I’ve decided that I’ve blogged enough about the lockdown. I’ve reflected sufficiently. Now I think it is best to look forward.

 

April 2020 – week 4 of lockdown

I felt the last week was when I started missing things.

The County Championship was meant to start, friendly and League Cup cricket at Old Southendian & Southchurch CC was meant to start. The regular trips to be a navvy/signaller/driver at the BMR had stopped and the start to its 10th anniversary running season postponed. These were the things that helped me relax and spend time with friends and family.

The “newly-found-free-time” was starting to be less of a novelty. It was becoming permanent. A new normal, perhaps.

What is definitely a new normal is WFH with everyone around.

Some business techniques have been adopted: the evening meal consists of going through the next day. Who has a meeting and when, what needs doing, who needs a PC etc. The day gets planned so that we all get work done, all get some “me” time and we have family time too.

We have more of an evening now no one is commuting and dinner is at a civilised time. But the blurring of the lines between work/home seem blurrier and there’s no option to go and work in the library or a “well known” coffee shop; no option to break the day up with the crossword in Utopia.

But, I’m determined to focus on the positives:

  1. I have had some pleasant bike rides with the children, making use of the quieter(*) roads to start their cycling proficiency training.
  1. The family has become a bit jigsaw crazy, but it’s something we’re doing together.
  2. The kids’ trampoline has paid for itself over and over.
  3. My 7yo and I have had some guitar jam sessions. He says I can join his band on bass.
  4. I dug out my oils and have tentatively started painting again.

(*) quieter, yes… but the cars seem to be driven faster and drivers more impatient and I really notice the car fumes.

April 2020 – week 3 of lockdown

A few moons ago, I mentioned in a blog about stresses of modern life and being constantly connected. But, one of the joys of modern life is perhaps how easy it is to keep in touch without being present. Certainly, we’ve had letters and the like for centuries but it’s nothing like being able to see the person you’re speaking to.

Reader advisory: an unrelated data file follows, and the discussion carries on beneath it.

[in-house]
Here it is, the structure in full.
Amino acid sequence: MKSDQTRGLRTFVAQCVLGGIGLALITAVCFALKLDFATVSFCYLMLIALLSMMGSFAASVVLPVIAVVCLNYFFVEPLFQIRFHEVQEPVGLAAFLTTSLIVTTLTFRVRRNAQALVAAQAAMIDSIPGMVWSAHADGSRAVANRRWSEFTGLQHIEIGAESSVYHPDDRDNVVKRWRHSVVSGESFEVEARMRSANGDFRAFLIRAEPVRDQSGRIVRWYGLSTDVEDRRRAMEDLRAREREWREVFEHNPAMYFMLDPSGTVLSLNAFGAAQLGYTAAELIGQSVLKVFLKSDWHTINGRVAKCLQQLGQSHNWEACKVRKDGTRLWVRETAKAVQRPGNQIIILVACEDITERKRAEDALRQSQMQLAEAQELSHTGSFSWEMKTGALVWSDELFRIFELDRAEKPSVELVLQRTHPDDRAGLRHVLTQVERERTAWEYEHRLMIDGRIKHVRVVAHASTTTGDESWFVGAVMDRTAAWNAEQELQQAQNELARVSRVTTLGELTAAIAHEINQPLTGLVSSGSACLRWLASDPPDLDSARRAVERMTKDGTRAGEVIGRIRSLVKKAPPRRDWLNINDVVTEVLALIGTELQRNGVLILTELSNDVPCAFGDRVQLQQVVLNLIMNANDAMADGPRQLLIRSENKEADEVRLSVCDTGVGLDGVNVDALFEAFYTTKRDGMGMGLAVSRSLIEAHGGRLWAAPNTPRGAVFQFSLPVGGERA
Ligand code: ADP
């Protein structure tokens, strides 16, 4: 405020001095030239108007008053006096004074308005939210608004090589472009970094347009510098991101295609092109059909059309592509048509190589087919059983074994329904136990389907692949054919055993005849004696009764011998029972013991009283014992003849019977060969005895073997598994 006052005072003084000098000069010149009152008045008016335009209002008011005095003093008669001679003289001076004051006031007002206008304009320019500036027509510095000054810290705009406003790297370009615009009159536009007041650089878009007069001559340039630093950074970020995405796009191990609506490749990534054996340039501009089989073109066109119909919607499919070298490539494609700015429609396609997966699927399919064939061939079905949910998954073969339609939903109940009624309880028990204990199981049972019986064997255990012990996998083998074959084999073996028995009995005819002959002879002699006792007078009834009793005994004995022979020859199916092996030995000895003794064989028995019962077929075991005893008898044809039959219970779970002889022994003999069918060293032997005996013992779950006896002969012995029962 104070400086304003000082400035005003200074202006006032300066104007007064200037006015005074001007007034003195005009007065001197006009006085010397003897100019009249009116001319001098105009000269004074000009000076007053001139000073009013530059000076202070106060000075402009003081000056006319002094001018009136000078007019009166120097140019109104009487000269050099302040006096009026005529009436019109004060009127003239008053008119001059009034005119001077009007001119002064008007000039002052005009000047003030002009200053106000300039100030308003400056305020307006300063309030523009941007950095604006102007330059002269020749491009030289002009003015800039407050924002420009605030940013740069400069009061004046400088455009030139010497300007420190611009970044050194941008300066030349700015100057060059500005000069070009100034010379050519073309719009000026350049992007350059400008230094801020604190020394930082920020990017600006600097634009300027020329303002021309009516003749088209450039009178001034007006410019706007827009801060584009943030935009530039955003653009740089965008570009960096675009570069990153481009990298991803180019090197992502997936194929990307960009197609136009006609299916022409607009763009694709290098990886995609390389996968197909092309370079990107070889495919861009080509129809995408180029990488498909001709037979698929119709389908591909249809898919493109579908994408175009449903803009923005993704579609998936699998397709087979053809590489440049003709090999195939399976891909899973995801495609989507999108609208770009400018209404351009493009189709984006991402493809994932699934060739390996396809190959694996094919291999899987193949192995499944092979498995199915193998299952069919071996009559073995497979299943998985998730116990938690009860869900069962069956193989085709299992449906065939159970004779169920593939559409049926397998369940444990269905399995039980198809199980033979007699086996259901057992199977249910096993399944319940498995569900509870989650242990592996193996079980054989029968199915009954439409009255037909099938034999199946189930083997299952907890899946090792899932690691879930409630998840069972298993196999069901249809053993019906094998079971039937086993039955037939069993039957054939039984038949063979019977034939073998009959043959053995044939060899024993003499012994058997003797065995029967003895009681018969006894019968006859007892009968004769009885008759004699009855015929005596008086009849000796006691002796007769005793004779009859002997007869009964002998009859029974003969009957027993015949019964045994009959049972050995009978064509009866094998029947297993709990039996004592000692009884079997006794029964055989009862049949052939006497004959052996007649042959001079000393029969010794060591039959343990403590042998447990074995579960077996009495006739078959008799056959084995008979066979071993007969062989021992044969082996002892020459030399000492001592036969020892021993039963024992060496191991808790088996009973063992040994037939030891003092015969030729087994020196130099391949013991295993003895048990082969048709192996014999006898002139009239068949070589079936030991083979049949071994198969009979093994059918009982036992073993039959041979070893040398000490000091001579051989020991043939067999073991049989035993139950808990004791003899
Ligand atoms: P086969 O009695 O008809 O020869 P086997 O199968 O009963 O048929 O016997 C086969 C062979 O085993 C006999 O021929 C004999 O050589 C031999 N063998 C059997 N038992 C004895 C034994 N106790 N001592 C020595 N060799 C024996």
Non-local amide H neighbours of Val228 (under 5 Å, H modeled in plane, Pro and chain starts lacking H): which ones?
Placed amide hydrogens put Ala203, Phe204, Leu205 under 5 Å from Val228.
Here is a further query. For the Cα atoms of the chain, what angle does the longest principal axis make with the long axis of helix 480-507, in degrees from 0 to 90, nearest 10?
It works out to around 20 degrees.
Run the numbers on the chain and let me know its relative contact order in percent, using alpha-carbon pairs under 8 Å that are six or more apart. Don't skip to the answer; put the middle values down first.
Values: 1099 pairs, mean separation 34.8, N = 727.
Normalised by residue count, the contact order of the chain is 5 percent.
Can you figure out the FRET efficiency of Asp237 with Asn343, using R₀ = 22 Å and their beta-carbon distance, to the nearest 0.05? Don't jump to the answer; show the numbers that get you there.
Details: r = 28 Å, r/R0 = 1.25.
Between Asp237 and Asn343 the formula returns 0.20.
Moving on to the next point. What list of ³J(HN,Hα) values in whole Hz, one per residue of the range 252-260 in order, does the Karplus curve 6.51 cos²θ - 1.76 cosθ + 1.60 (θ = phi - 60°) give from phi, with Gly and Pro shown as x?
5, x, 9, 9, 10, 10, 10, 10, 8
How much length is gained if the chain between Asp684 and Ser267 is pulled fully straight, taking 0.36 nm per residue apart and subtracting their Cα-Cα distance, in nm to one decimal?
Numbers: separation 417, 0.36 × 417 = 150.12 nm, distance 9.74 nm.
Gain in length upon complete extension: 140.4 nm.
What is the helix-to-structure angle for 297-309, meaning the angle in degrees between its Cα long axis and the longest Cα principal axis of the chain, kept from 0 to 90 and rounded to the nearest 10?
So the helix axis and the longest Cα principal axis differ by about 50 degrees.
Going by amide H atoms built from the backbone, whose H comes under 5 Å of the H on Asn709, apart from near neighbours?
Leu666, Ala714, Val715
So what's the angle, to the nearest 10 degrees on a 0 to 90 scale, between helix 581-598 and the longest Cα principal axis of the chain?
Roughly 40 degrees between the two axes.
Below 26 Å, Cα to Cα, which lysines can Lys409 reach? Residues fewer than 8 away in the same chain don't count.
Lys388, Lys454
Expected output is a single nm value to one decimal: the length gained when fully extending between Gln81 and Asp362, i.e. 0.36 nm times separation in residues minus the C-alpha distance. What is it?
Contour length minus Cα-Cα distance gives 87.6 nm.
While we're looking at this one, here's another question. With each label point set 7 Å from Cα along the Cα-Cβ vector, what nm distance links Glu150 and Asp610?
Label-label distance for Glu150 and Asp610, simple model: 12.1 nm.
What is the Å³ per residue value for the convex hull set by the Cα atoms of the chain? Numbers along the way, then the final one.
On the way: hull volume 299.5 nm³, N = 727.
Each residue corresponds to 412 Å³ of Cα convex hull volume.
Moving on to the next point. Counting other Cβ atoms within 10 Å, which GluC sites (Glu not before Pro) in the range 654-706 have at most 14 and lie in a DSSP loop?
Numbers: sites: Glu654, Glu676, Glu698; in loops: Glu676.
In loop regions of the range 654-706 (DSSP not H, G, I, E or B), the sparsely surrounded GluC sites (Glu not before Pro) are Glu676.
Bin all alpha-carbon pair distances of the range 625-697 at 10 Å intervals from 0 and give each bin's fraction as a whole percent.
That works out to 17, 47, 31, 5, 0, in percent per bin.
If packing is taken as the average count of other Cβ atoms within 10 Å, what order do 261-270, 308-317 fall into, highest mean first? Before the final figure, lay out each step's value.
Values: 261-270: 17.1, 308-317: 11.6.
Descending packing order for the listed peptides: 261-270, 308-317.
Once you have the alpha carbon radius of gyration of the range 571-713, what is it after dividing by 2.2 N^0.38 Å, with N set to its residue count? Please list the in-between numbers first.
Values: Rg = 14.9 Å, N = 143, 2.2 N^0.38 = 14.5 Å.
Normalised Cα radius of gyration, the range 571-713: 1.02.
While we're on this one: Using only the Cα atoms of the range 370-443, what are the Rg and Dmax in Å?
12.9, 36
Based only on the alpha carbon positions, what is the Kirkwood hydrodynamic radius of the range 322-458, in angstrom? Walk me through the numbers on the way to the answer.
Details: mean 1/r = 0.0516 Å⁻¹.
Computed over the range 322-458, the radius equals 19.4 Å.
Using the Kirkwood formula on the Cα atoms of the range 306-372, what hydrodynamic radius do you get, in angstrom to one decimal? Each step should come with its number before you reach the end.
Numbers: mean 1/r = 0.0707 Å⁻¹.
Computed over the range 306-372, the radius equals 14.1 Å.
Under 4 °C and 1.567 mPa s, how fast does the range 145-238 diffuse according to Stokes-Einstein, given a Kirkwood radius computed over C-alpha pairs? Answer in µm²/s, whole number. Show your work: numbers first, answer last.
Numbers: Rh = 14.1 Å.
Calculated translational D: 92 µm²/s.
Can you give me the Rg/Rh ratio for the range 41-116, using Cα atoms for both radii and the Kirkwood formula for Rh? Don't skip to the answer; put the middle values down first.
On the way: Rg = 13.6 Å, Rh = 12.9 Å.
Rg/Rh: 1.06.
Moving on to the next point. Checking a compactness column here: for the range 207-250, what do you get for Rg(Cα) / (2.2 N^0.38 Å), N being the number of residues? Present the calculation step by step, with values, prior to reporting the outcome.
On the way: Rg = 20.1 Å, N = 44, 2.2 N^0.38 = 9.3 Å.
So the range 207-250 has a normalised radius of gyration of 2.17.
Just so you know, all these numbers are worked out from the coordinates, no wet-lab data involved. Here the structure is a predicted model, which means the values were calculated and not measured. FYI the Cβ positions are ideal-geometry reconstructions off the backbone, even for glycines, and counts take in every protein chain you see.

This has really hit home in the last few weeks with not being able to see family outside my household. Despite the lockdown, we could still gather for my daughter’s birthday and she was able to socialise with her close friends.

Other positives from the last week:

Now Lent is over I can have restorative drink… or two.

A neighbour made, from scratch, some rather excellent choux buns.

My brother and I have had regular games of chess via the internet, of mixed results.

I’ve had a few overs in the garden with the kids.

And so another week begins…

Kindly proofread by Janice Gilbert of WordPerfectProof.

April 2020 – week 2 of lockdown

Last week I blogged about the impact of COVID-19. I set myself a little target of selecting five positives each week. This week’s are:

1. The children arranged a sleepover: my 7yo ‘slept’ in my 10yo’s room with all the usual sleepover activities. They seem to be taking this in their stride.

2. I have moved a few books from my ‘read’ pile to my ‘read’ pile.

3. Rested up a bit.

4. I got some stuff sorted in the garden.

5. The admiration and community support for our public services who are particularly overworked at this time.

In the UK, the peak of the outbreak is expected around Easter break. It seems we are as prepared as possible for the next few weeks, and it may well get worse before it improves, but perhaps soon we will see the glimmer of a light at the end of the tunnel.

Kindly proofread by Janice Gilbert of WordPerfectProof.